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Ohio AG funding police equipment 'proven to save lives'

Only Cuyahoga County has received more state funding for police body armor since 2018 than Mahoning and Trumbull counties, according to the Ohio Attorney General.
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COLUMBUS — Dedicated state grant funding continues to keep local officers equipped with expensive yet life-saving vests, but officials said equipment funding isn’t what it was less than 20 years ago, when the Sept. 11 attacks spurred a wave of militarization at local police departments.

Agencies in Trumbull and Mahoning counties have been awarded the second- and third-highest grant amounts in the state — $197,154 and $119,684 respectively — to keep body armor vests up to date, according to data from Ohio Attorney General Dave Yost, whose office administers the grants.

“Every department wants to have a vest for every officer, but the vests are not cheap and have to be replaced after a certain number of years,” Yost is quoted in a news release. “Helping to protect these officers is a meaningful way to thank them as they put themselves at risk for our sake each day.”

The AG’s program has awarded $3.9 million statewide since it began in 2018 — including $345,000 to more than 60 police departments in the last three months — which was funded through the Ohio Bureau of Workers’ Compensation’s Safety Intervention Grant, according to the release.

In Mahoning County, Boardman Township Police Department received the most of any public law enforcement agency, $28,077 — which was just recently announced — while the privately run Mercy Health Police Department received $39,299, according to the data.

Boardman police Chief Todd Werth said his department is “definitely grateful.” His department has fronted the cost of the vests — usually $700 to $1,000 a piece — for the last two years, but is now being reimbursed.

“It’s a piece of law enforcement equipment that is proven to save lives,” he said. “The [program] allows agencies to provide vests to officers, which is the highest priority, and use the money we would have used for other needed equipment or programs.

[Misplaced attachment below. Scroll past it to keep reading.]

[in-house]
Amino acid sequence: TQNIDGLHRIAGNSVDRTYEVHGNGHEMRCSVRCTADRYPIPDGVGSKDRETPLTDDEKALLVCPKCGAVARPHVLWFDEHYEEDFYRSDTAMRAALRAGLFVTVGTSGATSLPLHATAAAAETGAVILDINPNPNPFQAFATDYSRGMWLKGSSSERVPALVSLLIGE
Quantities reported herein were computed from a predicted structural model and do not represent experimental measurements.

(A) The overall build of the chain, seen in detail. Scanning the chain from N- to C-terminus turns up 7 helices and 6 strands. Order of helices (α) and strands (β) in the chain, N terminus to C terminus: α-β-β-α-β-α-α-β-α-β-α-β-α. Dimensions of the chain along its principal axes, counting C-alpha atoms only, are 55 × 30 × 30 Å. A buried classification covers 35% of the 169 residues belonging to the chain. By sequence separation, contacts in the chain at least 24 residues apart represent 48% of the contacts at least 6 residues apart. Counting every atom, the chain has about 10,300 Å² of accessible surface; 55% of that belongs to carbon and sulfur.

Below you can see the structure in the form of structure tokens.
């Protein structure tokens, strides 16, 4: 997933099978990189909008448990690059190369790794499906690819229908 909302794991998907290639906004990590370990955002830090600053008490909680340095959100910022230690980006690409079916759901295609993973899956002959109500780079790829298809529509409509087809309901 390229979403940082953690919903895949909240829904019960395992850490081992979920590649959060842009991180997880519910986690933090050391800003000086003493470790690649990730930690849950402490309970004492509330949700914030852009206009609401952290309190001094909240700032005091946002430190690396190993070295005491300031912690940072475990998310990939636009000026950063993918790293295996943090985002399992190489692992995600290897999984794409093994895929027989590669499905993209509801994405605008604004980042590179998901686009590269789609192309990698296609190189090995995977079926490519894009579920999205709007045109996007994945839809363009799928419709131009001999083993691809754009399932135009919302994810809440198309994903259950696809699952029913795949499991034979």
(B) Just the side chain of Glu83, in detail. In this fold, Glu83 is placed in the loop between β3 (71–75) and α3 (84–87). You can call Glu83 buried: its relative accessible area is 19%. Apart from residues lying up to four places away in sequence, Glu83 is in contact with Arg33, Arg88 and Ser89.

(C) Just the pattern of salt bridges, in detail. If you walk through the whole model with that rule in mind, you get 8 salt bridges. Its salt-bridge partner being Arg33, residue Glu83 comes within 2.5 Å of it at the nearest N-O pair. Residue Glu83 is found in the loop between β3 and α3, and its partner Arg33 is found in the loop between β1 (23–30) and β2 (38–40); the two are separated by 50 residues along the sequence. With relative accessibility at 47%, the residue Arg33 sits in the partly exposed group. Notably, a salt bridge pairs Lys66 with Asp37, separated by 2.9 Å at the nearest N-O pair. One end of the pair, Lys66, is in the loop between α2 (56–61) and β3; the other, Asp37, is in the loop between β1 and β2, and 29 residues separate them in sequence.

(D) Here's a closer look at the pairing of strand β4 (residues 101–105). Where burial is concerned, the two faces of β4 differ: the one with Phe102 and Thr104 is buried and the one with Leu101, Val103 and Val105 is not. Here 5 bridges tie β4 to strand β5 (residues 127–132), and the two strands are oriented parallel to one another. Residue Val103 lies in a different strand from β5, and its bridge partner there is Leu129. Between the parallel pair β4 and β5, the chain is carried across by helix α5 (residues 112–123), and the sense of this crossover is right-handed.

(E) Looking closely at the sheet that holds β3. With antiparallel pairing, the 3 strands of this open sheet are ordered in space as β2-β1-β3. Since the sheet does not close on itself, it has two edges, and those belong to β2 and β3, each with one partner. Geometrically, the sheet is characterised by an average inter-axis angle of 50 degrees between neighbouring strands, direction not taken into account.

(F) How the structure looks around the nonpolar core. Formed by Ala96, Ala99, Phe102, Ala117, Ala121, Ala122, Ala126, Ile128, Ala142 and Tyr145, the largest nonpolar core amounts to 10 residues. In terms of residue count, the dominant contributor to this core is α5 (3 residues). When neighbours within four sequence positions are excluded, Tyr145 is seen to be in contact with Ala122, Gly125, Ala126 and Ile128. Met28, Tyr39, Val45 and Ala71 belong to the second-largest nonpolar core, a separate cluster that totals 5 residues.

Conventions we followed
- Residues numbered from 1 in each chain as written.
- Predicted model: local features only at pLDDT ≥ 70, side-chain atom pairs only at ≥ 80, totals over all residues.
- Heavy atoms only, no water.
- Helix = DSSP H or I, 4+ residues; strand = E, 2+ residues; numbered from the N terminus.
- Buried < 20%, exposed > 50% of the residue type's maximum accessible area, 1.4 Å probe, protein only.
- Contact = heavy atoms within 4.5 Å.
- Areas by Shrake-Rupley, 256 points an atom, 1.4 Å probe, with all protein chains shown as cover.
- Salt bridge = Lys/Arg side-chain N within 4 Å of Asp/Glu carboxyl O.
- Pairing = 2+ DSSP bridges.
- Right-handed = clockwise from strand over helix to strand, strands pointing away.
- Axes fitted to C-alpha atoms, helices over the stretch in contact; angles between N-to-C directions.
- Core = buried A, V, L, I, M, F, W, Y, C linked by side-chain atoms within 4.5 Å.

“For example, we install armor panels in the doors of our cruisers. Part of the reason we are able to do that is the funds the grant program provides for the vests.”

The Mahoning Valley Crisis Response Team, or SWAT team, was awarded $30,877, which paid for 30 sets of “cutting-edge,” rifle-rated armor plates and vests from armorer ShotStop of Stow, said John Elberty, the team’s commander.

“Our ballistic protection right now would rival any major team in this country,” he said.

He said the vests are intended for everyday use, and kept in cruisers if needed for quick response, like in active shooter threats, or to serve arrest or search warrants.

Though traditional vests plated with heat-resistant synthetic fibers are usually warrantied for five years, the team’s new polyethlyene-plated vests are stronger and warrantied for 10 years, Elberty said.

Over the years, federal and state funding has provided ballistic helmets and shields and even armored vehicles, to keep local police ready to respond to domestic terror incidents.

“After Sept. 11, the money was in semi-truckloads,” Elberty said — departments were buying Lenco “BearCat” armored vehicles “left and right” using federal funds, with some of the larger models costing nearly $500,000, he said.

“As Sept. 11 fades away … that money has went down, down, down.”

The team does maintain one full-sized BearCat purchased in 2004, he said.

Elberty said though the U.S. Department of Homeland Security might sign off on pricier equipment purchases, the state’s HomeSec office ultimately holds the purse strings, and Ohio has “really clamped down” on large buys like armored vehicles.

He said the team, however, was recently awarded $19,000 through the state’s Justice Assistance Grant, more than half of which paid for general SWAT training exercises.

Regional emergency response funding has also provided $100,000 to replace two of the Youngstown Police Department’s bomb squad’s protective bomb suits, which had been expired for years, Elberty said.

Here’s the full list of Mahoning Valley police agencies that have received Ohio Attorney General funds for body armor since 2018:

Mahoning County

Austintown Police Department: $30,877

Beaver Police Department: $4,586

Boardman Township Police Department: $28,077

Coitsville Township Police Department: $9,953

Craig Beach Police Department: $7,620

Goshen Police Department: $2,598

Jackson Police Department: $6,041

Mercy Health Police Department: $39,299

Mill Creek MetroParks Police: $19,934

Springfield Township Police Department: $2,371

Village of Sebring: $7,795

Youngstown Police Department: $18,347


Trumbull County

Bazetta Township Police Department: $4,356

Champion Township Police Department: $4,197

Cortland Police Department: $5,977

Girard Police Department: $11,831

Hartford Township Police Department: $6,713

Howland Township Police Department: $19,692

Hubbard Township Police Department: $1,349

Kinsman Township Police Department: $6,300

Liberty Police Department: $5,007

Newton Falls Police Department: $17,042

Niles Police Department: $4,999

Trumbull County Adult Probation Department: $4,204

Trumbull County Sheriff's Office: $35,753

Vienna Township Police Department: $10,058

Warren Police Department: $40,000

Warren Township Police Department: $4,164

Weathersfield Township Police Department: $15,512


Columbiana County

City of Columbiana Police Department: $8,801

Columbiana County Sheriff's Office: $8,513

East Liverpool Police Department: $15,218

East Palestine Police Department: $11,545

Leetonia Police Department: $4,294

Lisbon Police Department: $9,209

Liverpool Township Police Department: $7,121

Salem Police Department: $17,310

St. Clair Township: $11,068

Washington Police Department: $2,666